The quadrature detector, the black block on the left, is oriented with its lens (and, thus, the actual detectors) pointed away from the IR emitter. I thought it might be an assembly screwup, but it’s actually worse: the PCB layout is wrong.
A note from Tristan in NZ explains the situation:
So I have a later model than yours. It has a 2nd PCB chunk between where the legs normally would be. Just a floating piece with two holes for the legs, holding the legs from the board […] to the main board.It is also pointing the correct way (with the lens towards the three leg emitter).
The new quad detector has only three pins and no convex lens, but the active area now faces the emitter across the gap.
Because the interposer PCB occupies the space previously devoted to the emitter & detector leads, Kensington apparently soldered the new parts directly to the top surface without any clearance:
It’s like they failed to put through-vias to the rear or didn’t route them to the bottom another way, hence the solder is under the component
Tristan managed to wreck the detector while attempting to re-solder the intermittent joints, a situation I’m painfully familiar with. He replaced it with a quad detector harvested from a mid-90s optical mouse and it’s back in operation.
So I think the correct “fix” for the old-style PCBs (without the new interposer) is to unsolder the detector, rotate it so the lens faces the emitter, then somehow rewire the pins to the original pads. This won’t be easy and definitely won’t be pretty, but as long as it’s pointed in the right general direction it should work:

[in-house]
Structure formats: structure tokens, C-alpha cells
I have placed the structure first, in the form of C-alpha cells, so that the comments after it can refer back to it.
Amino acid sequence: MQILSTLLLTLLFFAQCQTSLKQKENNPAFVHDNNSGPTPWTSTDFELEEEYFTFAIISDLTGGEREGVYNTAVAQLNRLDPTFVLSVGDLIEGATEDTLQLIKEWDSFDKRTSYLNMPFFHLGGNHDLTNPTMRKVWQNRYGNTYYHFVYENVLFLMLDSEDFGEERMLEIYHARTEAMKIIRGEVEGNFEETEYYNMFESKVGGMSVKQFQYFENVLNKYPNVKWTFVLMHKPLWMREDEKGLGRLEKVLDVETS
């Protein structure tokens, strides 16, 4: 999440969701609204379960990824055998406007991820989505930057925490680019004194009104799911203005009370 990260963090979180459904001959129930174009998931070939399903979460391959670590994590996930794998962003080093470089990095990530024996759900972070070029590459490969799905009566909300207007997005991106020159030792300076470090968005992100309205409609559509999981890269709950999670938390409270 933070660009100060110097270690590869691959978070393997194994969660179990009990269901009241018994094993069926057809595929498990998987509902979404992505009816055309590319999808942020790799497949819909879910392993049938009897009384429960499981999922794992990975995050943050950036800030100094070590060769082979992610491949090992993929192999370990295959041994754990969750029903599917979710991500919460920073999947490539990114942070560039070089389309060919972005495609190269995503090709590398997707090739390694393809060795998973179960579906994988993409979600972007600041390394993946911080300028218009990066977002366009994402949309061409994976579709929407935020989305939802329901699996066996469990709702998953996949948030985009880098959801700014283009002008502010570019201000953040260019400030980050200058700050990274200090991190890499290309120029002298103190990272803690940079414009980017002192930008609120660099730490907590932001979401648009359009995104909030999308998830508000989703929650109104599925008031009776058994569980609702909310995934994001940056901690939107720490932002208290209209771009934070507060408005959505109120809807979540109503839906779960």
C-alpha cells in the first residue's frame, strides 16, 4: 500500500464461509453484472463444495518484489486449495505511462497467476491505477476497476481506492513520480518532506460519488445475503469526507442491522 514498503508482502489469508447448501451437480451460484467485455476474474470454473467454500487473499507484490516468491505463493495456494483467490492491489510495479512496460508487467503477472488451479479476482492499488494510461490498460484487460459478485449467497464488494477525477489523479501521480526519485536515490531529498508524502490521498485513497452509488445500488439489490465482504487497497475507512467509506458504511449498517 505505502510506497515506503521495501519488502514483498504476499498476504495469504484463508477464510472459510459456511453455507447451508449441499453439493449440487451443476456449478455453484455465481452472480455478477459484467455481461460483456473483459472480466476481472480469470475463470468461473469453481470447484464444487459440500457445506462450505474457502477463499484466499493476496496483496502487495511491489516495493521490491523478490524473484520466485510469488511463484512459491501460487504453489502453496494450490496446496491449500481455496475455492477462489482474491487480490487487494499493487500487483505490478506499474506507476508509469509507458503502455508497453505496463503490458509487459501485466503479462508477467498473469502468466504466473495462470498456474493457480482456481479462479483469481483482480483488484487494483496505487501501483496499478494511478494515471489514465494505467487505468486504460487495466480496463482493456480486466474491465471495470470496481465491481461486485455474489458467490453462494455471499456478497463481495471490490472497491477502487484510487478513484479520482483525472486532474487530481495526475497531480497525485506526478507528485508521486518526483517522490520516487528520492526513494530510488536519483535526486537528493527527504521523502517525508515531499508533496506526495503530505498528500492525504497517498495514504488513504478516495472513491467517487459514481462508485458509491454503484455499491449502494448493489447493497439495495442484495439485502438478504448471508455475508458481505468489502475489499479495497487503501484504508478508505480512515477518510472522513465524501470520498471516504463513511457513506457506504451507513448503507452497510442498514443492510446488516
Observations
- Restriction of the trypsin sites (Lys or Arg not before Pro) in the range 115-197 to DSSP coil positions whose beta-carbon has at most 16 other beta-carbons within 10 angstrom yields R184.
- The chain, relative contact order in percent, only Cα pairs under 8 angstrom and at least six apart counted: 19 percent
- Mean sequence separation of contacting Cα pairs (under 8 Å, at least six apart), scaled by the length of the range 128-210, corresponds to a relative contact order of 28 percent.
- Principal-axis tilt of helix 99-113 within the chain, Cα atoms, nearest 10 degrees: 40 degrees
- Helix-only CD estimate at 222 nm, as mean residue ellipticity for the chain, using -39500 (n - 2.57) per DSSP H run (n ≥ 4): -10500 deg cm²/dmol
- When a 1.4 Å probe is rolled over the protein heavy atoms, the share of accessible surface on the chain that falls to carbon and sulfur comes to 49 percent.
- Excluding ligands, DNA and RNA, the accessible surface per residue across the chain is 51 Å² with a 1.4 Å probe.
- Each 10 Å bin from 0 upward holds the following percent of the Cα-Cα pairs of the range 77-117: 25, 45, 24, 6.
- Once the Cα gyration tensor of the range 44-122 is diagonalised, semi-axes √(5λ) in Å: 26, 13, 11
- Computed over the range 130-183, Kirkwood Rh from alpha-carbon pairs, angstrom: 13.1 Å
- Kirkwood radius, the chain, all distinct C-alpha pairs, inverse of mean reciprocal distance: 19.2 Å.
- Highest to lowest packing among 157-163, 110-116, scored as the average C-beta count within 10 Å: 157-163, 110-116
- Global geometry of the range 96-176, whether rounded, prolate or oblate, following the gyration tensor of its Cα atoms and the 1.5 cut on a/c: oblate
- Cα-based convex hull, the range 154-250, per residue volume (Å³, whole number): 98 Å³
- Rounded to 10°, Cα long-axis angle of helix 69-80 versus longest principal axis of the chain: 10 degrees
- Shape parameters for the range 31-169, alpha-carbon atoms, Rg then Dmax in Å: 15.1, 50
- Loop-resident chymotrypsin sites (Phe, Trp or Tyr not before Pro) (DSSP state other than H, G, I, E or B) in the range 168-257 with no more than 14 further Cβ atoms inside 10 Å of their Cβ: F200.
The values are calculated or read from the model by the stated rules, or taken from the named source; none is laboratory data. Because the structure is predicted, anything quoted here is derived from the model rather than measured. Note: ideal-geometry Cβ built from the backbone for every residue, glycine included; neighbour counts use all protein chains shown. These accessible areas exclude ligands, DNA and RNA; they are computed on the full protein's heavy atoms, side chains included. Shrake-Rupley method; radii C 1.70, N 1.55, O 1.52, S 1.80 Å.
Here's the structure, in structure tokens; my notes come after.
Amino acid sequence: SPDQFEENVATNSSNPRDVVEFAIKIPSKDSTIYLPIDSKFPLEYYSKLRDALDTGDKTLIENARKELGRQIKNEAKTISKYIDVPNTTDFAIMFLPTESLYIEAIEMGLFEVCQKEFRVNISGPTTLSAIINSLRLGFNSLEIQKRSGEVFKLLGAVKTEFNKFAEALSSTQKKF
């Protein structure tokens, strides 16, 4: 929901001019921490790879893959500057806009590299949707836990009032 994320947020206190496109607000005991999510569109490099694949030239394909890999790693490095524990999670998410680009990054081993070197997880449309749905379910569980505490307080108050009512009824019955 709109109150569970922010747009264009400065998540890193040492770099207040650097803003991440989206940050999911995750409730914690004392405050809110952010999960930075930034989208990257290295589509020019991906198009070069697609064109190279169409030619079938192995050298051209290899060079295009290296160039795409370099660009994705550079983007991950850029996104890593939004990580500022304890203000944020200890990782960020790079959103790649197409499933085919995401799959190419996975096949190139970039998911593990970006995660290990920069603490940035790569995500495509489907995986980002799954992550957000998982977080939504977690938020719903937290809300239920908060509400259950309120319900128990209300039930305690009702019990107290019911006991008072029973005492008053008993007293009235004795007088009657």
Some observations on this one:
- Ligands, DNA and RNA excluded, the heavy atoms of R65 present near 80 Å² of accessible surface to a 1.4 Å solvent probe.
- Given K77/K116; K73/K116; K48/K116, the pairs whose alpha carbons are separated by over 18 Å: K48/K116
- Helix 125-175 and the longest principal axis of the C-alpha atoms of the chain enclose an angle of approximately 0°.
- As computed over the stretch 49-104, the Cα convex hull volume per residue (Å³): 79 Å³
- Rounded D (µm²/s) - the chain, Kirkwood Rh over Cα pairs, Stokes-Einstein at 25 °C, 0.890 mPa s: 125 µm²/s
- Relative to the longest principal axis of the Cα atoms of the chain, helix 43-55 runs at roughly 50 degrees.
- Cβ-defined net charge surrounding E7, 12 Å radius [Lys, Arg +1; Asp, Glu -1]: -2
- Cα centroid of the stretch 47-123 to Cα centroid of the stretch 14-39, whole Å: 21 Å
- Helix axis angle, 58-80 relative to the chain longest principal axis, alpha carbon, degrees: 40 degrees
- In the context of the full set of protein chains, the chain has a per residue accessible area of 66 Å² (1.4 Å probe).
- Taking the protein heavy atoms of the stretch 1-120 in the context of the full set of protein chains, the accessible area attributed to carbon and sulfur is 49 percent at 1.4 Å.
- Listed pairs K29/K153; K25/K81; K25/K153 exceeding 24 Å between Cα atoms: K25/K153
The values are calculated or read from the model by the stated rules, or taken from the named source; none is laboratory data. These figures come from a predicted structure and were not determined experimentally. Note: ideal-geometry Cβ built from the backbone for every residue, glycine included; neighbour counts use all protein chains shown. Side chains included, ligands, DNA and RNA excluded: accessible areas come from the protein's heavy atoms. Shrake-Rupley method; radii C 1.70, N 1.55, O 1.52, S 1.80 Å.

mine works off axis quite a bit
Should either of my Expert Mouse trackballs fail, now I know what to do
Many thanks to Tristan for reporting his findings!
A Yubikey 5 NFC turns out to be perfectly compatible with any website using Symantec’s (no longer available) hardware key and VIP Access (definitely a misnomer) app to generate TOTP access codes, because the sites use bog-standard TOTP. The only difficulty comes from Symantec’s proprietary protocol creating the token linking an ID with a secret value to generate the TOTP codes, which is how they monetize an open standard.
Fire up the app, wave the Yubikey behind the phone, scan the QR code, wave the Yubikey again to store it, sign in to the Schwab site, turn on 2FA, enter the ID & current TOTP value from the Yubikey Authenticator, and It Just Works™.
Of course, you can kiss Schwab’s tech support goodbye, because you’re on your own. If you ever lose the Yubikey, make sure you know the answers to your allegedly secret questions.
Equally of course, you’re downloading and running random shit from the Intertubes, but …
Now, if only all my financial institutions would get with the program.
For unknown reasons, likely having to do with ordinary system updates, both the Huion H610Pro (V2) tablet’s device name and the display output’s name have changed. This came to light when I discovered the tablet’s stylus was no longer constrained to the landscape display, which worked fine when I set it up barely a month ago.
Actually, I had to constrain the stylus to DP-2, then jam it back on DP-1-8, to spread the tablet’s horizontal extent over the entire monitor. Updating the startup script started the tablet properly the next morning.
The new device name certainly makes more sense and, perhaps, the X output connection now recognizes the landscape monitor’s ability to pass its DisplayPort video stream along to a second monitor.
The Raspberry Pi’s Raspbian PIXEL Desktop UI (not to be confused with the Google Pixel phone) descends from LXDE, with all the advantages & disadvantages that entails. One nuisance seems to be the inability to create a launcher for a non-standard program.